The aim of this study was to adapt and to validate the ATE scale to a Spanish context, to test the dimensionality of the scale by means of confirmatory factor analysis (CFA), and to estimate the reliability of the scale.

2. Materials and Methods

2.1. Design, Setting and Participants

The development of the translated and adapted Spanish version of the scale followed the usual recommendations, according to the following two steps: (1) cross-cultural translation in which two translations of the original version were made in the corresponding language of the target population by two translators whose mother tongue was Spanish. A back-translation of the same was then performed by professionals whose mother tongue was English and (2) a psychometric assessment of the validity and reliability of the Spanish version of the ATE. Before the performance of the second part of the process, a research panel, consisting of experienced nurses, reviewed the translated version in order to obtain a semantic and technical equivalence. After this, a pilot study of the final draft was performed with five Spanish-speaking nurses who were associated professors of the nursing faculty in order to assess the comprehension of the questionnaire.
Participants were 201 health workers from a Spanish University Hospital; A prior sample size calculation was not performed, rather the sample size was based on the entire population of health professional at the Hospital. The exclusion criteria consisted of those health workers who were not willing to participate. For ethical reasons, we could not inquire about the causes leading them to reach this decision. The participants received no financial incentive.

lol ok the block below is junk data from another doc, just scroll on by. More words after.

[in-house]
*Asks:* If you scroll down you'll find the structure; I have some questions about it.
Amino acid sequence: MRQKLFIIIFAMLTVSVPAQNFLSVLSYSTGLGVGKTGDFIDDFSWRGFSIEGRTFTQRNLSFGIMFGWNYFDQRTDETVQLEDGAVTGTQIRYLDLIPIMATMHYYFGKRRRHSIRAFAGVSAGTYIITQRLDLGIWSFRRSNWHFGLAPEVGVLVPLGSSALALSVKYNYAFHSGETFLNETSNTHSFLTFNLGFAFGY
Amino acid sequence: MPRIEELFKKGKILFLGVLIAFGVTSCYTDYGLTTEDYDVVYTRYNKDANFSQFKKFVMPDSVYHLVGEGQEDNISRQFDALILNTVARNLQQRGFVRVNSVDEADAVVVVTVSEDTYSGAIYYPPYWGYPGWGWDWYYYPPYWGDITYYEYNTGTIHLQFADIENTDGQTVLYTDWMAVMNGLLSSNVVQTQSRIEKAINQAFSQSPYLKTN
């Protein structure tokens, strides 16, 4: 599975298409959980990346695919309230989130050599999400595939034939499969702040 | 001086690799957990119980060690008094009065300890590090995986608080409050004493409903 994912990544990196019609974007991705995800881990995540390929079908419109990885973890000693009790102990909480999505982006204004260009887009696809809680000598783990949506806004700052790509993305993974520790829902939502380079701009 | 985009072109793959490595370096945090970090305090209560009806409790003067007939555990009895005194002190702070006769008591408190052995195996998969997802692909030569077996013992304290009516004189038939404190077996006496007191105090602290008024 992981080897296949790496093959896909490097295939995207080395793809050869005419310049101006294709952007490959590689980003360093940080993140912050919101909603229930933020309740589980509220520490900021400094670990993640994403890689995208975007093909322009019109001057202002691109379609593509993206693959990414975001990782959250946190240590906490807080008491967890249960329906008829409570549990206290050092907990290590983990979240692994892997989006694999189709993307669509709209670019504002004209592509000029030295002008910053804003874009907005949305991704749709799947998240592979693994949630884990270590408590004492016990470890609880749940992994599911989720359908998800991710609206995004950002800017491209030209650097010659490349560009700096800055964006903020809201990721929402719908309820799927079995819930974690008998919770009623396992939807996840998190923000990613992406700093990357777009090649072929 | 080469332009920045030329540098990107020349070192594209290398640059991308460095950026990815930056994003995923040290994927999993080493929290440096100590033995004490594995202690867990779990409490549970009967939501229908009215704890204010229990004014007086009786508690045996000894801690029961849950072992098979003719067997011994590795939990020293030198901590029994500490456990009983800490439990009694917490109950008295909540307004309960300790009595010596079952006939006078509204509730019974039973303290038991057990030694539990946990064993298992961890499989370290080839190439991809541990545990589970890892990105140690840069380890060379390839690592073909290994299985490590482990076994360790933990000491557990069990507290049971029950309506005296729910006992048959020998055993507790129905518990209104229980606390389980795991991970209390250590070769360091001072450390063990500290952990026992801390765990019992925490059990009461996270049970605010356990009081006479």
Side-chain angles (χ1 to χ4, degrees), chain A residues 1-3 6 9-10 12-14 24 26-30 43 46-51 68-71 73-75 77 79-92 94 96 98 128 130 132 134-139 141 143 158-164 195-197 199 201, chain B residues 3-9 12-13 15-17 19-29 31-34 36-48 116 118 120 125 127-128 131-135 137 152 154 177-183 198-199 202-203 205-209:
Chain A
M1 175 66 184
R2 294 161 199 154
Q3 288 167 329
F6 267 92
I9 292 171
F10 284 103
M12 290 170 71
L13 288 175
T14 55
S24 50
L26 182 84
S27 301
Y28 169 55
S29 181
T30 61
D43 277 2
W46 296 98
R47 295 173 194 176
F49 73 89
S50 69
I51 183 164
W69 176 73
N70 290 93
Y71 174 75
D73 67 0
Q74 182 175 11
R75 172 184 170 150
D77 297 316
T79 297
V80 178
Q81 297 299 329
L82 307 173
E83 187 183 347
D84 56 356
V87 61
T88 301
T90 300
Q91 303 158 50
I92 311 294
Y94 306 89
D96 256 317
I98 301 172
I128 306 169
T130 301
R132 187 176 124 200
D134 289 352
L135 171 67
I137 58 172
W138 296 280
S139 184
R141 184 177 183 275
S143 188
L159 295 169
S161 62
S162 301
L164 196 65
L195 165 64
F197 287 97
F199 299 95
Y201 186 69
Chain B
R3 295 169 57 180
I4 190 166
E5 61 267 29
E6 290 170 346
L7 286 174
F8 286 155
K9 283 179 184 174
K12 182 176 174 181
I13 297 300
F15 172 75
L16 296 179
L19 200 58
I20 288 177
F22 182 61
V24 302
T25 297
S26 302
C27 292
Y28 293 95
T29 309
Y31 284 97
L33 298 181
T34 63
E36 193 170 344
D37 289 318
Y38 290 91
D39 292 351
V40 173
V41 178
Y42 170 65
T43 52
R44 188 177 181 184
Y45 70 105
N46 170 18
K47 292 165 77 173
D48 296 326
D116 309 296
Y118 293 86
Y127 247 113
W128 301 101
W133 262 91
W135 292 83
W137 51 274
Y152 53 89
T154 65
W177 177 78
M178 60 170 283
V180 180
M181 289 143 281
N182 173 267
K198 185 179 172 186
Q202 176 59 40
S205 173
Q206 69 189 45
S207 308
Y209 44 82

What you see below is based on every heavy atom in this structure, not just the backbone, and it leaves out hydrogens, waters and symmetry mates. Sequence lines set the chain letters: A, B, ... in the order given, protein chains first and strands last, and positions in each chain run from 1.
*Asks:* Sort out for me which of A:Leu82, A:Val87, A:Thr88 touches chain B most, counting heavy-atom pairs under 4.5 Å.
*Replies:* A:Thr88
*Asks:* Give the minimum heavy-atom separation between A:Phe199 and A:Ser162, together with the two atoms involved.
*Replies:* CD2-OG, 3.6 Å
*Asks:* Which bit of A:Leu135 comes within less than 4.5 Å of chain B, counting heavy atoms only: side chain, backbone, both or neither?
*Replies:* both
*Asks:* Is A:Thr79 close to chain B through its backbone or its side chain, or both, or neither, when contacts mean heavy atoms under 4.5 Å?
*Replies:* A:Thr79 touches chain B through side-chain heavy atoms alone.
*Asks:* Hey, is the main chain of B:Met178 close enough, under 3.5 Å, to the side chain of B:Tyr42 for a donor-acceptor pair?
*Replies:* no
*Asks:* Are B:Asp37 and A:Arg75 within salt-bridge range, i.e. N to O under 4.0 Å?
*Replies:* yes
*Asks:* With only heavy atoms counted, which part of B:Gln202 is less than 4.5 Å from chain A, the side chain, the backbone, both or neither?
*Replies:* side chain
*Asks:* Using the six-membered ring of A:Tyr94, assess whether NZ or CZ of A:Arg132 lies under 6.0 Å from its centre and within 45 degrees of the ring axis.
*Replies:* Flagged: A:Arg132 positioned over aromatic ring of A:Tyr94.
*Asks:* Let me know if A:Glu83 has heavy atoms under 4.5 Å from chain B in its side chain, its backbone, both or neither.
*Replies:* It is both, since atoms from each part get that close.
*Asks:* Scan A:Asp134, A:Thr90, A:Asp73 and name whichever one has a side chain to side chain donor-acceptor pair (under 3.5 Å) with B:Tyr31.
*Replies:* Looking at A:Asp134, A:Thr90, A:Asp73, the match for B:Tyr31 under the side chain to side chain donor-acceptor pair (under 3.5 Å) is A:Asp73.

The study was approved by the Ethics Committee of the University Hospital of Castilla-La Mancha, according to the ethical guidelines established by the Helsinki Declaration in 2008 (Code C- 153). Written consents were obtained from the participants.

2.2. Instruments

Demographic information: Participants’ self-reported sociodemographic characteristics, including age, gender, marital status, educational level and nuclear family and other variables related to practice or no a religion.
The ATE scale is a ten-item instrument directed towards assessing attitudes towards euthanasia developed by Wasserman, Claire and Ritchie in 2005 [14,15]. The Cronbach´s Alpha for the original scale was 0.87. The answer´s scale is a Likert response from 1 to 5 where: (1) strongly disagree, (2) disagree, (3) undecided, (4) agree, and (5) strongly agree. Two items were reversed coded to check against response bias form the participants. Examples of items are: “if a patient in severe pain requests it, a doctor should remove life support and allow that patient to die” or “it is okay for a doctor to administer enough medicine to a suffering patient to end that patient’s life if the doctor thinks that the patient´s pain is too severe”. The original factorial structure was composed by four dimension: severe pain [1,3,9], no recovery [4,6], patient request [8,10] and doctor´s authority [4,5,7]. Several items had cross-loaded with several dimension. The Persian version of the ATE scale showed to have high internal consistency reliability, with Cronbach an at 0.90 and a 2-factor structure representing voluntary and non-voluntary euthanasia [6].

2.3. Data Analysis